I too adore the original trilogy (I was 11 when A New Hope was re-released in the theatres) and I once picked up a Star Wars novelization meant for children in an obsessive 11-year-old fit of “I’M ADDICTED AND I NEED MORE.”

    I don’t remember much about it; it had less Force stuff and less romance than I would have liked but it was an decent sci-fi action-adventure story that I enjoyed at the time and then forgot about entirely.

    I’ve always been tempted to pick up Star Wars novelizations involving Han and Leia (because I too, am a devoted Han/Leia shipper), but am always afraid that it will never live up to the movies and/or the couple in my head.

  6. H says:

    I will also recommend the Zahn stories. I used to read all of the SW novelizations and agree on the hit or miss nature. One thing to note is that Courtship did come out after the Thrawn trilogy, so it had already been established that Han and Leia end up together and start a family.

  7. Hannah says:

    I read the novelization of The Empire Strikes Back, back in the day. It wasn’t that memorable and I quit reading Star Wars books after that. To me, the story told in the movies was complete—I didn’t want any more. I really enjoyed the radio dramatizations that were played on NPR and had some of the original cast members—they filled in a lot of details that were not in the movies.  I had a huge crush on Luke Skywalker (even wrote in my first diary at age 6 “Luke Skywalker is my boyfriend”) and always wanted him to hook up with Leia. In my defense, there were no clues at all the first two movies that they were brother and sister. No, I take that back, there was that time that Darth Vader said “there is another” about Luke and Leia.

  8. Sarah W says:

    I got into trouble for this book.

    I was working in a bookstore when it came out, and the minute I opened the carton, I skimmed the first few pages.  My assistant manager came up and asked me if it was any good.  I said it was so far and told her what the blurb said.

    She expressed passionate hope that Leia would choose Han.  I, veteran of the romance circuit said, “Yeah, like there’s any chance she’d pick anyone else.”

    She yelled at me for ruining the book for her and gave me a serious lecture on how she had better not hear that I’d told any of our customers the ending.


  9. Beth says:

    The love story between Han and Leia in the expanded universe is so complex and fantastic, but this book isn’t very representative of that. They have children, they grow old, they celebrate personal and political victories, and they suffer some terrible losses. So don’t fret that authors have ruined the Han and Leia romance.

    This book is really kind of fun because of the characters it introduces; they play a HUGE part in the story line later on. I don’t think I could point to one book that sort of does the whole Leia/Han romance justice, but that’s probably becuse I was never a big Han/Leia shipper. Liked them, but I was much more interested in who Luke was gong to end up with. If you are looking for Star Wars books that have good romances in them, I’d recommend X-Wing: Starfighters of Adumar, by Aaron Allston, and Visions of the Future, by Timothy Zahn (though, you should probably read his Thrawn trilogy and Specter of the Past first) Actually, you should read the Thrawn trilogy anyway because it’s just really, really good.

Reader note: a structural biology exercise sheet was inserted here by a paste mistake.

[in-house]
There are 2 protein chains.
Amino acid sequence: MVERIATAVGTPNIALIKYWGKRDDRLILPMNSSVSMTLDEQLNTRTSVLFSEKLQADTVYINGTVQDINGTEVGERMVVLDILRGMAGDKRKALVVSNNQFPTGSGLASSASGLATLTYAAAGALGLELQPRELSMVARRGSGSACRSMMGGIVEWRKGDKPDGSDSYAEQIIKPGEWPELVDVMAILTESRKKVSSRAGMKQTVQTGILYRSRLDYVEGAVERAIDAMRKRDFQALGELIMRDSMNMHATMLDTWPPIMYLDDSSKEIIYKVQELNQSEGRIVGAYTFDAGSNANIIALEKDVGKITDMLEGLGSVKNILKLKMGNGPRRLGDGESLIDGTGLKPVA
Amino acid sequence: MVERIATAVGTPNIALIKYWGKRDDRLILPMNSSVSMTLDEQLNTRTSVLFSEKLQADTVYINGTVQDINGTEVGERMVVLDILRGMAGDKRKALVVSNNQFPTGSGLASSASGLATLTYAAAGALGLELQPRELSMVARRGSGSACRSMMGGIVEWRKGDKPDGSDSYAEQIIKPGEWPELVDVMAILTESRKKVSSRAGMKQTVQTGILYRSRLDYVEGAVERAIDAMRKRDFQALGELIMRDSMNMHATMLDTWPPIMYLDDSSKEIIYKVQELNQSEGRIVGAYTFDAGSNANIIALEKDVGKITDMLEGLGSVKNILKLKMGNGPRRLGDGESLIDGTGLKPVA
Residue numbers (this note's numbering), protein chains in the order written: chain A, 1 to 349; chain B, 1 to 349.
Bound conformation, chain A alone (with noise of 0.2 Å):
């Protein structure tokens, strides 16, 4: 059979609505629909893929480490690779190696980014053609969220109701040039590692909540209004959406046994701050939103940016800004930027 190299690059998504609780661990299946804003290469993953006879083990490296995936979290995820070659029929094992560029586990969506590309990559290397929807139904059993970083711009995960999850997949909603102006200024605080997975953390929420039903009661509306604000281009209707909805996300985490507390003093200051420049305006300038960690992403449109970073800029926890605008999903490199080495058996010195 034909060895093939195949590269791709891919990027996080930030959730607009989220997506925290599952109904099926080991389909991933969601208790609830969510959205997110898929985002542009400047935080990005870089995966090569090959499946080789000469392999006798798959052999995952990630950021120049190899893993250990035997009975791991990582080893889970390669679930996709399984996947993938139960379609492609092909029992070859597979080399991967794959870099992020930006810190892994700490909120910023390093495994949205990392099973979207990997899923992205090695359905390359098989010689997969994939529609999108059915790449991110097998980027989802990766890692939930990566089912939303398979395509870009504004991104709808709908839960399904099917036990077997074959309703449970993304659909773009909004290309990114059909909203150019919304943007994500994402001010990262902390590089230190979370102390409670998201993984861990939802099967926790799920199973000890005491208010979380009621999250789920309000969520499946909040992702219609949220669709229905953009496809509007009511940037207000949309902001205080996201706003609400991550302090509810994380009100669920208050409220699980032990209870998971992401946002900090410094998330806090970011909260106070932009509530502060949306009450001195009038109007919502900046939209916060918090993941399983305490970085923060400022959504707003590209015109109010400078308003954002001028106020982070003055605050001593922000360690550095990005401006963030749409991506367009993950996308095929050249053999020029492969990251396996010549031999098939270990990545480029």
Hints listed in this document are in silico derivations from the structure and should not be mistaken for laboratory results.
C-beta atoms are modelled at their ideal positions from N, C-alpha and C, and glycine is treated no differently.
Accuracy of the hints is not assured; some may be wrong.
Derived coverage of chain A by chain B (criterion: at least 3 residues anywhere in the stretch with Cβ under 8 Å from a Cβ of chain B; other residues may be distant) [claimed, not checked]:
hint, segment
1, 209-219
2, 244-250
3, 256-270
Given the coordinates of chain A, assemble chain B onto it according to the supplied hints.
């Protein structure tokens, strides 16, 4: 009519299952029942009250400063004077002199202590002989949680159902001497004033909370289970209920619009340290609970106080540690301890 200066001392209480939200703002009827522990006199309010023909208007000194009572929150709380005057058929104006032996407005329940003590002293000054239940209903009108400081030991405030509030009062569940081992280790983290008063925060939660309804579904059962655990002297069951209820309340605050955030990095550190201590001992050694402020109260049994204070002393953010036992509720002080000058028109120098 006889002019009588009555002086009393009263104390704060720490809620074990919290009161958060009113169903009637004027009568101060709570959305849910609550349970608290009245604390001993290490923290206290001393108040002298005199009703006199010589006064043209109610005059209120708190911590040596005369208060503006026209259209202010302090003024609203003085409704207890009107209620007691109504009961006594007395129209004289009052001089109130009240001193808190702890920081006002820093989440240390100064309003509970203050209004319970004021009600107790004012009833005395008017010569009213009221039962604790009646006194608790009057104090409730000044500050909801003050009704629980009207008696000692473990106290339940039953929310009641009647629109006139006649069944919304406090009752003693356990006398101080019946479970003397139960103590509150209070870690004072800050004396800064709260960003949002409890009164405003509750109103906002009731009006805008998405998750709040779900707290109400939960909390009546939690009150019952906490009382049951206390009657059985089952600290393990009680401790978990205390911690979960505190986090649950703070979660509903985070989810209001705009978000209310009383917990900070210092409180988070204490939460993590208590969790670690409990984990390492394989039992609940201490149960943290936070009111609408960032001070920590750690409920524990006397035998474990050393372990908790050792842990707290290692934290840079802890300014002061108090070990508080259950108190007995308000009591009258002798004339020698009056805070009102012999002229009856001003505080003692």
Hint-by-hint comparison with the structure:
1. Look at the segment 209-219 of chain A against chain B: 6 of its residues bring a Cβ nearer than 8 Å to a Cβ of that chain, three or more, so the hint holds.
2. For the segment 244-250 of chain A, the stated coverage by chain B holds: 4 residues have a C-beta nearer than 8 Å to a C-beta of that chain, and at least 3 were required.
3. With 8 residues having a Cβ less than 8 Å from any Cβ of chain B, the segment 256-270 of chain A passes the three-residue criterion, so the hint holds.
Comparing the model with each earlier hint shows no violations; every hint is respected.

The most frustrating thing about reading Star Wars books is that there are lots of authors writing in one universe so sometimes characters aren’t very consistent.

  10. Oh man, STAR WARS.

    My fellow Bitches, I PLAYED Han Solo for two and a half years on an online Star Wars game. I know me some Han Solo. And I slurped up a whole helluva lot of Star Wars novels in the process, including this one. Our guest reviewer Carrie is right, though; this isn’t the best that Star Wars novels have to offer by a long shot.

    But yeah, they’re SF, not romance, so there won’t be as much front-and-center emphasis on the relationships as you’d get in the romance genre. I DO however recommend for my fellow Solo fans the awesome, AWESOME trilogy that A.C. Crispin wrote going into his backstory: THE PARADISE SNARE, THE HUTT GAMBIT, and REBEL DAWN. There’s a lovely little pre-Leia romance in those—though since it IS pre-Leia, y’all will already know it ain’t going to end well. 😉

  11. Barbara W. says:

    I’m sure a bigger and better fan than I will come back and give a title, but I seem to recall back before it was revealed that Luke was Leia’s brother that there was a ‘shipper book about the two of them.  I only recall some vague details (hey, I was 4th, 5th grade at the time), but I remember Leia got injured at the end – something about her arm? – and they had a sort-of HEA.

    It was so swoonworthy.  Then RoTJ came out and I couldn’t believe I ever wanted her with anyone but Han the Hottie.

    (bowing back out because I totally don’t know anything about the Star Wars books beyond that weird memory)

  12. Sarah W says:

    @Barbara W

    I think the book you’re remembering was Splinter of the Mind’s Eye

    I agree that the scene was swoonworthy—-but in retrospect, it was a good thing Luke nobly held back from “taking advantage.”  I re-read it after Return of the Jedi, and whew, close call!

  13. Ruth says: